Mainstream newspapers are far from dead. At least, the ones that are run with any sense of vision, anyway.
That’s my view after 10 months of running a niche naturism newsletter on the Substack site, a relatively new upstart in independent journalism. I’m pretty sure all of my readers — mostly seasoned naturists, the target audience — would buy subscriptions to newspapers like the New York Times if they had a weekly naturism column or two in which readers could contribute their comments and have a good gab with each other.
And if the price was right.
I cancelled my subscriptions to both the N.Y. Times and the Globe & Mail in Canada recently because I wasn’t reading them enough to justify the costs, and in the latter case, because I felt the subscription price of $32 a month was kind of steep.
Since then, both newspapers have been trying to woo me back with subscription prices set at 50 cents a week.
Mainstream newspapers could snuff out alternative publications — newsletters and indie papers — as easily as pinching a candle wick on All Hallow’s Eve if they covered more niche subjects like naturism, the LGBT/Queer world and so much more. And you have to think they will do it as they complete the shift from print to digital and their ad revenue climbs. Which it will. They will be able to eliminate subscription prices all together, but they will keep their paywalls intact because they will want you to sign up and boost their subscription numbers for the advertisers, who don’t care if you are paying for a subscription or not, I think. They only care about how many people might see their ads.
Sure, there is money to be made by some well-known columnists defecting from mainstream media to forums like Substack. Some of them have as many as 30,000 paying subscribers. But for writers more interested in delivering a message than making buckets of money, you can’t beat a platform like the New York Times, where a columnist might be read by 2 million people or more. And those news outlets have soooo much more to offer than the voice of a single writer.
When I used to blog on LGBT issues for my newspaper, some posts garnered 75,000 views. On my personal blog, I think the highest number of views I have ever drawn for a single post in a day was in the 5,000 range. These days, I’m lucky if a post is read 50 times on the day it is published in this personal blog — though The Naturism Community newsletters are usually opened by every subscriber (165) and are read by many more non-subscribers before the posts are locked, which is usually done a day or two after they are published.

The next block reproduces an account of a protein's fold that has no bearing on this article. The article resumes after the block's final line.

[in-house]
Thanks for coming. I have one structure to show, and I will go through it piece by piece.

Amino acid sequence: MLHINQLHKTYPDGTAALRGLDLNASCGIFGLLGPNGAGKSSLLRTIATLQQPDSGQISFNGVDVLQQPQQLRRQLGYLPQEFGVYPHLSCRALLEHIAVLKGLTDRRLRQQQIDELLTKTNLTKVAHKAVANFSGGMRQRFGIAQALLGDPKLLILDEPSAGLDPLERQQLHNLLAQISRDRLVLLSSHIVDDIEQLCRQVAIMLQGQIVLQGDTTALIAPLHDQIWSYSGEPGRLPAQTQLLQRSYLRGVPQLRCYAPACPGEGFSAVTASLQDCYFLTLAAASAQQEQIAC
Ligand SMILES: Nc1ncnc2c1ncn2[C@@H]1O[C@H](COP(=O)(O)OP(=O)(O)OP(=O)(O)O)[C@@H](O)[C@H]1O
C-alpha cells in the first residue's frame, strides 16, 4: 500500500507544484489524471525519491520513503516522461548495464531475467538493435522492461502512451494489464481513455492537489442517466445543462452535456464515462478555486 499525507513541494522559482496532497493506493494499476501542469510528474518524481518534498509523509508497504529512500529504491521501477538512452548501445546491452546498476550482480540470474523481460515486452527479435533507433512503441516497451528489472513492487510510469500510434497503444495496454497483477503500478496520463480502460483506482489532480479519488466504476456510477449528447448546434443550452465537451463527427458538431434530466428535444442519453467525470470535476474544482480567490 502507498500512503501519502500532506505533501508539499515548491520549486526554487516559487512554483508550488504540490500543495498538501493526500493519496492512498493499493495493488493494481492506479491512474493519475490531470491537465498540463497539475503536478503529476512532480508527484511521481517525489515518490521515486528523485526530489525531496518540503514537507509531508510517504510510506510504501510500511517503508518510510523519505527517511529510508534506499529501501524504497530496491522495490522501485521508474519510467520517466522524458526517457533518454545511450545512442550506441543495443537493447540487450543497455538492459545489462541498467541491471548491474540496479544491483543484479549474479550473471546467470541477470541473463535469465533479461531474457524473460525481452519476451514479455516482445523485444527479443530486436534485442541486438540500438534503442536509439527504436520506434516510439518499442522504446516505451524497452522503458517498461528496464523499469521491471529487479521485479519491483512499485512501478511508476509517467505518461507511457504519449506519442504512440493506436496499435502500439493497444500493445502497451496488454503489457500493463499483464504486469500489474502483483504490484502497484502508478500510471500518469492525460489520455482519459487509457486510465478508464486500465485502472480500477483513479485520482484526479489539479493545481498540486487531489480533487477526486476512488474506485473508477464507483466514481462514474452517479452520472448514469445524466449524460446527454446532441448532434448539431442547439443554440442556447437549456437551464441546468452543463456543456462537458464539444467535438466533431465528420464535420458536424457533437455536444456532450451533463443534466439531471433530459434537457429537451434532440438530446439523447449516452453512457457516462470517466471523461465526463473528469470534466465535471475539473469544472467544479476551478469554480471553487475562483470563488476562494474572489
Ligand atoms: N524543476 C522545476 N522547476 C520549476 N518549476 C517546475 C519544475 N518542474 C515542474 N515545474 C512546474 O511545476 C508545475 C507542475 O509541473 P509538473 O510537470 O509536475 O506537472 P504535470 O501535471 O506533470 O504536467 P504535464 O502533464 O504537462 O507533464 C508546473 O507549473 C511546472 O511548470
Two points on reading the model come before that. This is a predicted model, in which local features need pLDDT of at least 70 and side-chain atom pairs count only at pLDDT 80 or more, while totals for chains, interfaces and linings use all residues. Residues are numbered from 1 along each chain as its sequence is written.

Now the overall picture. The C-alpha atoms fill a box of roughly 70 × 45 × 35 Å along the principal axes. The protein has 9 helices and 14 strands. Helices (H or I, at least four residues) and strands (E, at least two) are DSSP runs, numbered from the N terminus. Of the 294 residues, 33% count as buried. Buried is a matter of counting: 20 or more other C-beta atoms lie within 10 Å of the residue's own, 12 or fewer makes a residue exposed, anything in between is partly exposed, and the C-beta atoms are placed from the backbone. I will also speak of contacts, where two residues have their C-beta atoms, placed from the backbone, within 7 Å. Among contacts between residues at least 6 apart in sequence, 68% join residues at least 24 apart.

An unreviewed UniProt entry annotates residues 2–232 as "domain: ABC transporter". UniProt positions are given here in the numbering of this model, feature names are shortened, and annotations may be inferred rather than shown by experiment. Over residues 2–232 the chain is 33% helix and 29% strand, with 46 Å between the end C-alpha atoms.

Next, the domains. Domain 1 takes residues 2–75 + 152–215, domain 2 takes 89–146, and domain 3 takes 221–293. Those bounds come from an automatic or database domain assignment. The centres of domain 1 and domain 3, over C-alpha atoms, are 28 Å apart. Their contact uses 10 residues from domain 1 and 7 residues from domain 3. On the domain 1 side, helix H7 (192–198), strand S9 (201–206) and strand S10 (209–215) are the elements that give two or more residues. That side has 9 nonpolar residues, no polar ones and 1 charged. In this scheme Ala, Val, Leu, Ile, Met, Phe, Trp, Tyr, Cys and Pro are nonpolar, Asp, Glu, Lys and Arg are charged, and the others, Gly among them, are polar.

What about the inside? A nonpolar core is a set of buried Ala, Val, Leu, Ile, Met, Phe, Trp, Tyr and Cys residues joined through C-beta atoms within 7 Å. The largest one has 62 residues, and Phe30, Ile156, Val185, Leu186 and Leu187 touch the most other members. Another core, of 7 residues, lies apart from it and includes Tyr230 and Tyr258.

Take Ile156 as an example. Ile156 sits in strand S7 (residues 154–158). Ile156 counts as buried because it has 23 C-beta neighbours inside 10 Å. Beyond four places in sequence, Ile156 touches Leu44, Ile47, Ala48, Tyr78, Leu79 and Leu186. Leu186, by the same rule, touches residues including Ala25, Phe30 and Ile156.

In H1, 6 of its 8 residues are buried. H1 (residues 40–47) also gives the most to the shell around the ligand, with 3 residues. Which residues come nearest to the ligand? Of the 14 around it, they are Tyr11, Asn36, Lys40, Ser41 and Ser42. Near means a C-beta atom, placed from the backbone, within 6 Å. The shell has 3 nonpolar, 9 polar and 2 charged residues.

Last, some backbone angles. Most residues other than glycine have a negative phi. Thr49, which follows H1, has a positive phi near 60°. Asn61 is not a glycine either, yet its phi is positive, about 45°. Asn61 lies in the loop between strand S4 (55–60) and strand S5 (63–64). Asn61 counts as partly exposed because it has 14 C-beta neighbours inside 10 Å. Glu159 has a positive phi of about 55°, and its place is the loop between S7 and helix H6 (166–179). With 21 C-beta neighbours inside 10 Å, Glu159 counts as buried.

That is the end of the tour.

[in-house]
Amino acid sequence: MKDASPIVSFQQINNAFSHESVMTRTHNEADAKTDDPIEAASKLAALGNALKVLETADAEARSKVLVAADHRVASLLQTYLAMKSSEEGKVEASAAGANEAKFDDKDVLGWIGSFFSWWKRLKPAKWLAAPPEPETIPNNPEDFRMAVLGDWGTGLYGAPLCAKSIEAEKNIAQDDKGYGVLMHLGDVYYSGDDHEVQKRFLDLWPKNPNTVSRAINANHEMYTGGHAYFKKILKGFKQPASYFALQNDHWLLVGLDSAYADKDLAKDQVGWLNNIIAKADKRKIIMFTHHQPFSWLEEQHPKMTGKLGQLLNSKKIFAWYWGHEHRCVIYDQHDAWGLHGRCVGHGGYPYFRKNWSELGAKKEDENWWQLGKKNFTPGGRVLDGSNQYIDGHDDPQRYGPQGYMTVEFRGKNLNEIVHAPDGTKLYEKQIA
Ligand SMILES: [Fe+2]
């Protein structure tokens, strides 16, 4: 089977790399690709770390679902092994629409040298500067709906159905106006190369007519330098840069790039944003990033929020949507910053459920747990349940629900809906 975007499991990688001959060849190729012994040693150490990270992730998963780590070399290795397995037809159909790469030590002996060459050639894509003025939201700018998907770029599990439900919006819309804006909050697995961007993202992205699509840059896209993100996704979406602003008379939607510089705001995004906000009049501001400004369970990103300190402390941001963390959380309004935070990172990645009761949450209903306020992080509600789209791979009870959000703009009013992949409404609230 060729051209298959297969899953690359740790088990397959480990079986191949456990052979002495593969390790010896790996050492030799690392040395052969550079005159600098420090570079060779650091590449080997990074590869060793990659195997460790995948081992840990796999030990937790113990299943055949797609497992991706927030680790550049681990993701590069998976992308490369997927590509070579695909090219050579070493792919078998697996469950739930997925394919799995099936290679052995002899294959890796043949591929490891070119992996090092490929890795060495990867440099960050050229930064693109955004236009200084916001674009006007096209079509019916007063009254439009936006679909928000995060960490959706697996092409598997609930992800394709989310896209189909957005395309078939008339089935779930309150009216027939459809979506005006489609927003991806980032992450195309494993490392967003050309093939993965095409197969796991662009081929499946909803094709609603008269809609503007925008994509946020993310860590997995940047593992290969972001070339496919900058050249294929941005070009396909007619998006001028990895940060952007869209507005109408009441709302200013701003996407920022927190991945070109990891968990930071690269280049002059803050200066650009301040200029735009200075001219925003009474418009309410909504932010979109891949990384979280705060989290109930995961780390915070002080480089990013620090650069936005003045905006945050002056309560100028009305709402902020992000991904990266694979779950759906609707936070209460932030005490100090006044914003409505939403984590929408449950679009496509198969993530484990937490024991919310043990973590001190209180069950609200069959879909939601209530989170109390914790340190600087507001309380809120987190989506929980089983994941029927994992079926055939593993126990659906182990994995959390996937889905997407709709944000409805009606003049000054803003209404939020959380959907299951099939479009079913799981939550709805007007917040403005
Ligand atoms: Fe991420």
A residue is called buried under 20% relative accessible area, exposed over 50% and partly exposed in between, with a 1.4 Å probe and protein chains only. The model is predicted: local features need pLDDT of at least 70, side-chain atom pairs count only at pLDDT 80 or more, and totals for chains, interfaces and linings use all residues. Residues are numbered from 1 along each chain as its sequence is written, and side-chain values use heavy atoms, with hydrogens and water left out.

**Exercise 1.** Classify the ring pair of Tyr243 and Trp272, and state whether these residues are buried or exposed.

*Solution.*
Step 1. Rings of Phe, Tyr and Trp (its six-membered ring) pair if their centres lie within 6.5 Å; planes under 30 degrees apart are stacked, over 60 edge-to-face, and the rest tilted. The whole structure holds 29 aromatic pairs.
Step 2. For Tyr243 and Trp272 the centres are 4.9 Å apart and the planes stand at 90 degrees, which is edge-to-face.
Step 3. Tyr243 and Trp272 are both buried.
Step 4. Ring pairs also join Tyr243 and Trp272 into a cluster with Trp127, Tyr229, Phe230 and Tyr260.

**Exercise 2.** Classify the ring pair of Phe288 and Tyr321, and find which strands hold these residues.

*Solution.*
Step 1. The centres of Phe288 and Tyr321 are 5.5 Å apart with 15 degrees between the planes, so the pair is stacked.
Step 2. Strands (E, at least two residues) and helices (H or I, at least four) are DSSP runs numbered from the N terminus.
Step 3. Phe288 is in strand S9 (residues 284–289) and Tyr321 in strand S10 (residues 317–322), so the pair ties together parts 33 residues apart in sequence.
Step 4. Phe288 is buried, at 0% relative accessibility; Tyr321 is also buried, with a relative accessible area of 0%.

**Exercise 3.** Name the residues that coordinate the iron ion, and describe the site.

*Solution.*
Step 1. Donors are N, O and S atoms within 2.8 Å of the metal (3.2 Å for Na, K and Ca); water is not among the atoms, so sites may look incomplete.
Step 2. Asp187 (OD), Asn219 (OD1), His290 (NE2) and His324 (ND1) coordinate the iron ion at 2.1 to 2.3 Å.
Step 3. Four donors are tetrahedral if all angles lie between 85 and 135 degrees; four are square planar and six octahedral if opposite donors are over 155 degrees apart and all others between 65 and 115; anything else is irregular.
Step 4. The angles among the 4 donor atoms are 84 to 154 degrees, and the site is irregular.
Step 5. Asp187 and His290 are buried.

I didn’t start The Naturism Community newsletter to make money. I’ve been blogging for some 20 years in various forums, and it has always been about the love of doing it — and with social justice in mind in most cases. The Naturism Community newsletter is the first forum in all those years that ever put any cash in my bank account, and I am both flattered and honoured by the fact that anyone would pay to read my words there.
Not that I have made very much. But I don’t do sales pitches there, and I am probably the world’s worst businessperson. I recently lowered the subscription fees there, and gave the people who had already paid annual fees indefinite free subscriptions as well as some who had been paying the old monthly rate from the beginning. I had to find a way to get around Substack’s minimum paid subscription rate of $5 a month, so I offered annual subscriptions priced at $36, or $3 a month.
Substack is in it to make money, too, of course. I’m well aware of that. And so they should make money (they take 10 percent). It’s a cool service. I’m having fun with it, and The Naturism Community’s readership — mostly free subscribers — seem to be enjoying it, too. And everyone there has been blessed by the wonderful writing of Fred Heiser, who could be writing for any mainstream media outlet on naturism, in my view.
I’m hoping to add another writer or two there and if by some miracle all of our readers paid for an annual subscription, I think I would give it all to Fred and the other writers. It’s a labour of love for me, as is this blog. I think Fred would probably say the same for his blog and for his contributions to The Naturism Community. Both of us love to write.
Which is all to say that The Naturism Community will most probably continue after it hits the one-year mark on Dec. 30. When I started it, I figured I would give it a year and see how things went. We haven’t accomplished all of the things I was hoping for, mostly because I have a real job that keeps me very busy, too. But we seem to be settling into a groove there.
We’re good to go for another year, I think, unless some mainstream newspaper steals all our readers.